The present Collective Labour Agreement (CLA) negotiations with all the company’s unions have resulted in an agreement between SWISS and the representatives of the KV Switzerland, VPOD Air Transport and PUSH unions on a new CLA for Swiss-based ground personnel which entered into effect on April 1. The new CLA was also ratified by the GATA ground-staff union at the end of April. The partners to the new CLA also agreed on the simultaneous entry into effect of a new severance benefits plan. Negotiations continue with the Kapers cabin staff un-ion and the Aeropers pilots’ union. SWISS has served due notice to terminate its CLA with the Swiss Pilots Association (SPA) cockpit crew union effective October 31, 2005. The SPA sought new arbitration at the beginning of May. The company is currently considering this move and its ramifications. SWISS will continue to strive to agree and adopt viable and forward-looking solutions with all its social partners which serve to secure jobs in the longer term.
The average number of personnel employed (in full-time equivalents or FTEs) in the first quar-ter of 2005 amounted to 6 513, a decline of 1 118 on the 7 631 employed during the same pe-riod last year. SWISS employed a total of 6 442 FTEs on March 31, 2005 – 183 fewer than at the end of 2004. The 6 442 FTE positions are occupied by 7 687 employees around the world. The restructuring measures announced in January 2005 call for the elimination of a total of 800 to 1 000 positions.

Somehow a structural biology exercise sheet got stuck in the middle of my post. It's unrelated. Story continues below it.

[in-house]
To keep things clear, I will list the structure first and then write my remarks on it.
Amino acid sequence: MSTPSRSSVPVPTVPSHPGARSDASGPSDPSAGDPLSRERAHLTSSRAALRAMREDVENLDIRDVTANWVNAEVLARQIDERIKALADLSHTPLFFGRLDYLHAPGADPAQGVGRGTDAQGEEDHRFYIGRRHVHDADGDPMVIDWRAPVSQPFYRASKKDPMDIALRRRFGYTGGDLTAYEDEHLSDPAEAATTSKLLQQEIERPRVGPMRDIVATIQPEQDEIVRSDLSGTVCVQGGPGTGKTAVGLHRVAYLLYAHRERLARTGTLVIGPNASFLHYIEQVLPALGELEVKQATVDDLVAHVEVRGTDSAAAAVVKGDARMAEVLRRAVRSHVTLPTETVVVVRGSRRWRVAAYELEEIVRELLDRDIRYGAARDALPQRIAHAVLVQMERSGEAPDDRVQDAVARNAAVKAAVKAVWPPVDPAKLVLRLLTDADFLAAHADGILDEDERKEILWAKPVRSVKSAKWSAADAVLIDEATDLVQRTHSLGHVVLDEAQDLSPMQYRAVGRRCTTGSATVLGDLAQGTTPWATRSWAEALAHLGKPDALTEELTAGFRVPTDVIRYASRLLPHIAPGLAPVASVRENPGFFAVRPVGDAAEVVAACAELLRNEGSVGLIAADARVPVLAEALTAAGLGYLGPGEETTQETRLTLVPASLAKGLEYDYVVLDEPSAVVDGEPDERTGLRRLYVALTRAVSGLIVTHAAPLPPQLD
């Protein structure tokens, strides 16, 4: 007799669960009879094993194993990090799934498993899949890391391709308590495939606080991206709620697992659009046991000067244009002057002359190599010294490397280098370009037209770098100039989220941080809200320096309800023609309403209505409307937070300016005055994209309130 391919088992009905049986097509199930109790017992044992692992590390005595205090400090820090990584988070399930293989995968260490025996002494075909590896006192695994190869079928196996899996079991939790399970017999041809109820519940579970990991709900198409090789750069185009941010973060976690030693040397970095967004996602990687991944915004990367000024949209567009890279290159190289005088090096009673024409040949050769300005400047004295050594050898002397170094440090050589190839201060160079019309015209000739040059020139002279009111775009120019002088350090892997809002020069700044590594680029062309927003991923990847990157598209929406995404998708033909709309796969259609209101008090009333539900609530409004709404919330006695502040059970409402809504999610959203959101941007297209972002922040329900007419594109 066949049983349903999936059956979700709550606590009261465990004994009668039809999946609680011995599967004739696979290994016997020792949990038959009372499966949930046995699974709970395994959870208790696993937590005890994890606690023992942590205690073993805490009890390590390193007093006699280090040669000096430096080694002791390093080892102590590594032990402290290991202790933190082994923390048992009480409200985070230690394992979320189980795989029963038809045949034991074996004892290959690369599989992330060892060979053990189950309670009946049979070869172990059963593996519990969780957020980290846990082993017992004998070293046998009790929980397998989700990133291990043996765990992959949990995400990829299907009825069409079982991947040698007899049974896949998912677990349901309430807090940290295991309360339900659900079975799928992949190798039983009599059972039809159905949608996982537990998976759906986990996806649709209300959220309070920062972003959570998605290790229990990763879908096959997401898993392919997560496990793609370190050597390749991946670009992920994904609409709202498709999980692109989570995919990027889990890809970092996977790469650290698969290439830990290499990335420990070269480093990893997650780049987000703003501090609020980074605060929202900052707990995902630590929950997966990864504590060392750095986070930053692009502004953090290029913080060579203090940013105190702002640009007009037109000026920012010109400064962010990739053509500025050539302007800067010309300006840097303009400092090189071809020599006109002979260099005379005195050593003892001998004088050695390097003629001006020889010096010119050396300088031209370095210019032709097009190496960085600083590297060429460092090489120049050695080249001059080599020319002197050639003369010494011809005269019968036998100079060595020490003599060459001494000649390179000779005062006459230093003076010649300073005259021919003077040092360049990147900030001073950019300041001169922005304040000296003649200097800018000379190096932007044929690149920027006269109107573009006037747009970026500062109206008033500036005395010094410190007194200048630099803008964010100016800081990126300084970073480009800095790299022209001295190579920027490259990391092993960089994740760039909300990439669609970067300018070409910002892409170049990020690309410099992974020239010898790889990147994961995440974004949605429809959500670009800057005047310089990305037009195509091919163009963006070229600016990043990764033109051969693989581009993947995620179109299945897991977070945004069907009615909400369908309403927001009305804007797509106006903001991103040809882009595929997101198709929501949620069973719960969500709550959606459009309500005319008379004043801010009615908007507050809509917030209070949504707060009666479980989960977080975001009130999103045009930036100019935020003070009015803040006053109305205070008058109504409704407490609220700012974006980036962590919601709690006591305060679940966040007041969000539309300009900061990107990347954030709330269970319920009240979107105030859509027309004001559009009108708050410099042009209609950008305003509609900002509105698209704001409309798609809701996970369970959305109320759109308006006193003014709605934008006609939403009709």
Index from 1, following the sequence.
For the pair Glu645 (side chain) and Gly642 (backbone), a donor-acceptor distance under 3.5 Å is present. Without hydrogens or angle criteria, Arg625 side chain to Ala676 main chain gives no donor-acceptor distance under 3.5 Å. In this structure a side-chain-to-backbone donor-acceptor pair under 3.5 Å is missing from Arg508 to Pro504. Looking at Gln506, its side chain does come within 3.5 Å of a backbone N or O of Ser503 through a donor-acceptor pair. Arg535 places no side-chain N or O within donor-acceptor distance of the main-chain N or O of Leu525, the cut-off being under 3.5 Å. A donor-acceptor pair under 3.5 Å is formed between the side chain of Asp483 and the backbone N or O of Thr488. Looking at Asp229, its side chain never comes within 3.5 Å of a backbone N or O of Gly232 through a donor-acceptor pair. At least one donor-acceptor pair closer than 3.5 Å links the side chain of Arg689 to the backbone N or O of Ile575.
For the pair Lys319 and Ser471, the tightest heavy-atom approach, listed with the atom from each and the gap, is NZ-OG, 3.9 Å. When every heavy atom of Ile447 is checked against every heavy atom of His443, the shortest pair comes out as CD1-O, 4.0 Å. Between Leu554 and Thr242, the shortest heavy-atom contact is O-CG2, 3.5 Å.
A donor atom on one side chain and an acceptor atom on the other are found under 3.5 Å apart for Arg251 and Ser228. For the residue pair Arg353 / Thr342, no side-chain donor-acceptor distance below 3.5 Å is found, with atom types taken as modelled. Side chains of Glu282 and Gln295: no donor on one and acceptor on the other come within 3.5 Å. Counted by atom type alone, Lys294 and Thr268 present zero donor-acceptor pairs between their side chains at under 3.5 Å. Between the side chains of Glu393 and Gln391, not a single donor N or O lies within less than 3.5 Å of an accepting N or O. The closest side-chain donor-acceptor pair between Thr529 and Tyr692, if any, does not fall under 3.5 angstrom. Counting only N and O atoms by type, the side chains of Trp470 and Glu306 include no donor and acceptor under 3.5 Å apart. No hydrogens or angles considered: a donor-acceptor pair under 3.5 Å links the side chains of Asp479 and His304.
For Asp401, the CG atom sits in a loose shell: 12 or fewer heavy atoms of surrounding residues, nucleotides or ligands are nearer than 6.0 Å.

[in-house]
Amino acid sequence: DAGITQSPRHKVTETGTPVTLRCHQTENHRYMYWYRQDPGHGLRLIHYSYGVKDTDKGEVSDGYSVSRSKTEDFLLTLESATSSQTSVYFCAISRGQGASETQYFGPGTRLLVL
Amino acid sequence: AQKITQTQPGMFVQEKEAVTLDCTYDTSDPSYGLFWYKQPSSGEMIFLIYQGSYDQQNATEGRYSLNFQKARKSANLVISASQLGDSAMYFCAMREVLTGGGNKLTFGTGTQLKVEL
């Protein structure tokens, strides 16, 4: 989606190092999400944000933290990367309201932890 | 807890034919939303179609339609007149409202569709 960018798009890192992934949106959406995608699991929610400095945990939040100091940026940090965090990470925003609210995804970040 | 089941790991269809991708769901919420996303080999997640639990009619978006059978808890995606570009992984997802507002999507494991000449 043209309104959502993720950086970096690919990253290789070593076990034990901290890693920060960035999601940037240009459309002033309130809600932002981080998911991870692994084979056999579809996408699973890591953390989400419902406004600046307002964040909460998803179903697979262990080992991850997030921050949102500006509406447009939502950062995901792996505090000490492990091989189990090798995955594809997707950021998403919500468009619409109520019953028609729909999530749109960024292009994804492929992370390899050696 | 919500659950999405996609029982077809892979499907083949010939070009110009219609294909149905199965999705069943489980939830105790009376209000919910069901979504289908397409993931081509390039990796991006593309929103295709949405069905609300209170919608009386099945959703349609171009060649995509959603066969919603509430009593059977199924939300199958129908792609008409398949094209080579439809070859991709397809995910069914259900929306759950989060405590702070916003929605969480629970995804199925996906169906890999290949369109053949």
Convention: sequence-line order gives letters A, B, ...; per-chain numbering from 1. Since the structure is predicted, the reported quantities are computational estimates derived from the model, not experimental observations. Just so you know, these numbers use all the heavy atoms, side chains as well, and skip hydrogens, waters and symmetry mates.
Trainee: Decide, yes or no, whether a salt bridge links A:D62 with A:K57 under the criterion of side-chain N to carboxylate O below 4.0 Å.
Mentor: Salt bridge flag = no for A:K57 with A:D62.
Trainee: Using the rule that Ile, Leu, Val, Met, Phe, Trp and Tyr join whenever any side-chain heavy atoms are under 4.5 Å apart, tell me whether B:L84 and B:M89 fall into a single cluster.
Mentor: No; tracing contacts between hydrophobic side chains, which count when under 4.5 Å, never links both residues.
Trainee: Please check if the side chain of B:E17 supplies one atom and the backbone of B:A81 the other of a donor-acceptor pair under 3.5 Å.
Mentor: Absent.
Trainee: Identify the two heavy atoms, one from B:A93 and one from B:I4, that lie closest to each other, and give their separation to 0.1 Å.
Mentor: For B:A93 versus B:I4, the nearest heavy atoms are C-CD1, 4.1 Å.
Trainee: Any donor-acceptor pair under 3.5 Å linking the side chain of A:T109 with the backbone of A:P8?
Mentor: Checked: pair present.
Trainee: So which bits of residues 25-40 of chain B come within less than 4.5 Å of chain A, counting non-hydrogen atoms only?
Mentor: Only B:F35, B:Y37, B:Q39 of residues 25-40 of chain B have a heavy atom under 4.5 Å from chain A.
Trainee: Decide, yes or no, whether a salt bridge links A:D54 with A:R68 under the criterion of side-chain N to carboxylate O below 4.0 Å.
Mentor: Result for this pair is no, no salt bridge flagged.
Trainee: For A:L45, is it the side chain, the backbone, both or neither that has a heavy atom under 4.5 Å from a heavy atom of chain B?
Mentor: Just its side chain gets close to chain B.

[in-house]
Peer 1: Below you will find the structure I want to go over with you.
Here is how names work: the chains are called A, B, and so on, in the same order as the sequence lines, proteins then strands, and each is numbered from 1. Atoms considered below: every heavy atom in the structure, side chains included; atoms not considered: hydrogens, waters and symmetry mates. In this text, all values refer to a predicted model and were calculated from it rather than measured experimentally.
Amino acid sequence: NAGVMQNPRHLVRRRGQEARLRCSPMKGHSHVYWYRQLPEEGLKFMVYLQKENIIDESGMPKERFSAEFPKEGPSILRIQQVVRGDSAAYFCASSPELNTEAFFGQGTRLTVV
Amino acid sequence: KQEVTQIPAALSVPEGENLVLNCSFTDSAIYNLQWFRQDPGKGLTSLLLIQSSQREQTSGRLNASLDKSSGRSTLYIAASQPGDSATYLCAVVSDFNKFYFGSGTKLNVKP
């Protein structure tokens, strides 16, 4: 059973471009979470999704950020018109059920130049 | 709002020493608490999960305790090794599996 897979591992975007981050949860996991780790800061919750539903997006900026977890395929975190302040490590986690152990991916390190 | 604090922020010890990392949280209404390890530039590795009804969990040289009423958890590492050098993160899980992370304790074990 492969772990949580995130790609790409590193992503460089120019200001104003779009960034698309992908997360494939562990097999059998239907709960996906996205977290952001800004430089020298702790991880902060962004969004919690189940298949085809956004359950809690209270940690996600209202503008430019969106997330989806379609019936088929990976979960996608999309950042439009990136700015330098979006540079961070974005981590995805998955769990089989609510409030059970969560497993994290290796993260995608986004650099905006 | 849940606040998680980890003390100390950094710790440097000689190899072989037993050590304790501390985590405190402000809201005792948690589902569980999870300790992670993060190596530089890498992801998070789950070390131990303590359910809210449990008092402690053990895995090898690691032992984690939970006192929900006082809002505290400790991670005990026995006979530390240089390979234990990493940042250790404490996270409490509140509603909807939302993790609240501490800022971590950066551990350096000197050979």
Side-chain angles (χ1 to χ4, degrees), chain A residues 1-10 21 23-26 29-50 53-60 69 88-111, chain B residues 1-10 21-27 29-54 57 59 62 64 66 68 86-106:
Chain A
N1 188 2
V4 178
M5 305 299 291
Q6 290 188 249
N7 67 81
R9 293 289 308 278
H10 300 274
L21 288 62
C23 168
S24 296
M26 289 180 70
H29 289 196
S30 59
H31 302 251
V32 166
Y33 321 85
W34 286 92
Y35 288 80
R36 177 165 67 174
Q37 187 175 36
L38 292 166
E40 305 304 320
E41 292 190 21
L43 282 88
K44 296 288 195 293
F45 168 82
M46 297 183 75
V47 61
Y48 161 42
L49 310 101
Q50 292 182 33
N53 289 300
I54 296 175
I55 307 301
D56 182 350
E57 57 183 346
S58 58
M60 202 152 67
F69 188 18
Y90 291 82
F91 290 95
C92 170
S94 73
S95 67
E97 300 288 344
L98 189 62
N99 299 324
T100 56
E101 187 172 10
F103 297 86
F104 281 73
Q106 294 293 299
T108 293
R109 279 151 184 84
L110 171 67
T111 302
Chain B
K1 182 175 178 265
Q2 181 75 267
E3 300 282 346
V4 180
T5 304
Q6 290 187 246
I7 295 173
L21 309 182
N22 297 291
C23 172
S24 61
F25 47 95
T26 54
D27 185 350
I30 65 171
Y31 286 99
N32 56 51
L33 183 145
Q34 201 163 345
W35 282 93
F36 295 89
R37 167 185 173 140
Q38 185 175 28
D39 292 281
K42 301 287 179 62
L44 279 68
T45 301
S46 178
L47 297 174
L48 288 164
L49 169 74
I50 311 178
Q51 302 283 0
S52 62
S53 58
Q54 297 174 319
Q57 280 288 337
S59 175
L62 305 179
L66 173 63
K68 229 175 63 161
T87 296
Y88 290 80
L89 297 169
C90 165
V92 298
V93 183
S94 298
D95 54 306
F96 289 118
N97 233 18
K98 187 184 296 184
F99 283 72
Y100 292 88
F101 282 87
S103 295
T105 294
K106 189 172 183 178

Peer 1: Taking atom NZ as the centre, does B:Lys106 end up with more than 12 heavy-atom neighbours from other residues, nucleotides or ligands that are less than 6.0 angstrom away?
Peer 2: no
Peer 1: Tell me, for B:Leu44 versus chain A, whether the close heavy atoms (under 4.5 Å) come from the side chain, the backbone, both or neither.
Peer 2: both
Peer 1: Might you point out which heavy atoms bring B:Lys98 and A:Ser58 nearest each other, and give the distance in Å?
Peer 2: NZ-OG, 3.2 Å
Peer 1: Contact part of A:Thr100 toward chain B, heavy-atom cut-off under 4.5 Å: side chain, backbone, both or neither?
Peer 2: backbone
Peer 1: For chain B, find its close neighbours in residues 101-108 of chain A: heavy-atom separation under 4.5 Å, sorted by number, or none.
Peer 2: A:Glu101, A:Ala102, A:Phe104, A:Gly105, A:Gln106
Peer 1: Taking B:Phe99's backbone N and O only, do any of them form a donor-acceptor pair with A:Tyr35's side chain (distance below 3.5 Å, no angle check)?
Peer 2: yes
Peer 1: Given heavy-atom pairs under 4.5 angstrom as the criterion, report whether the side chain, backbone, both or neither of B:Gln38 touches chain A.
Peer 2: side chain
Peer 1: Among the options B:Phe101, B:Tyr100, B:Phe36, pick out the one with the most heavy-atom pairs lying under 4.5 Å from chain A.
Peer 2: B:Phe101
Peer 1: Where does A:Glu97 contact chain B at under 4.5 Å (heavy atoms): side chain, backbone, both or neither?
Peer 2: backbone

A clear positioning as a quality airline
SWISS has launched a comprehensive quality drive in the air and on the ground, to further enhance customer benefit and strengthen its position in its home Swiss market:
At Zurich Airport, all SWISS services within Europe and to North Africa are now handled at the airport’s “A” gates, while all SWISS intercontinental services now depart from the “E” gates. The new arrangement, which was introduced with the start of the summer timetable period on March 27, enhances customer comfort and convenience and tangibly strengthens SWISS’s presence and profile as the airport’s home carrier.
Inflight food and drink will also be included in the price of the ticket for Swiss Economy pas-sengers on European flights from May 25 onwards. The free European Economy Class inflight foodservice, with products provided by Nestlé, is a central element in the present quality drive.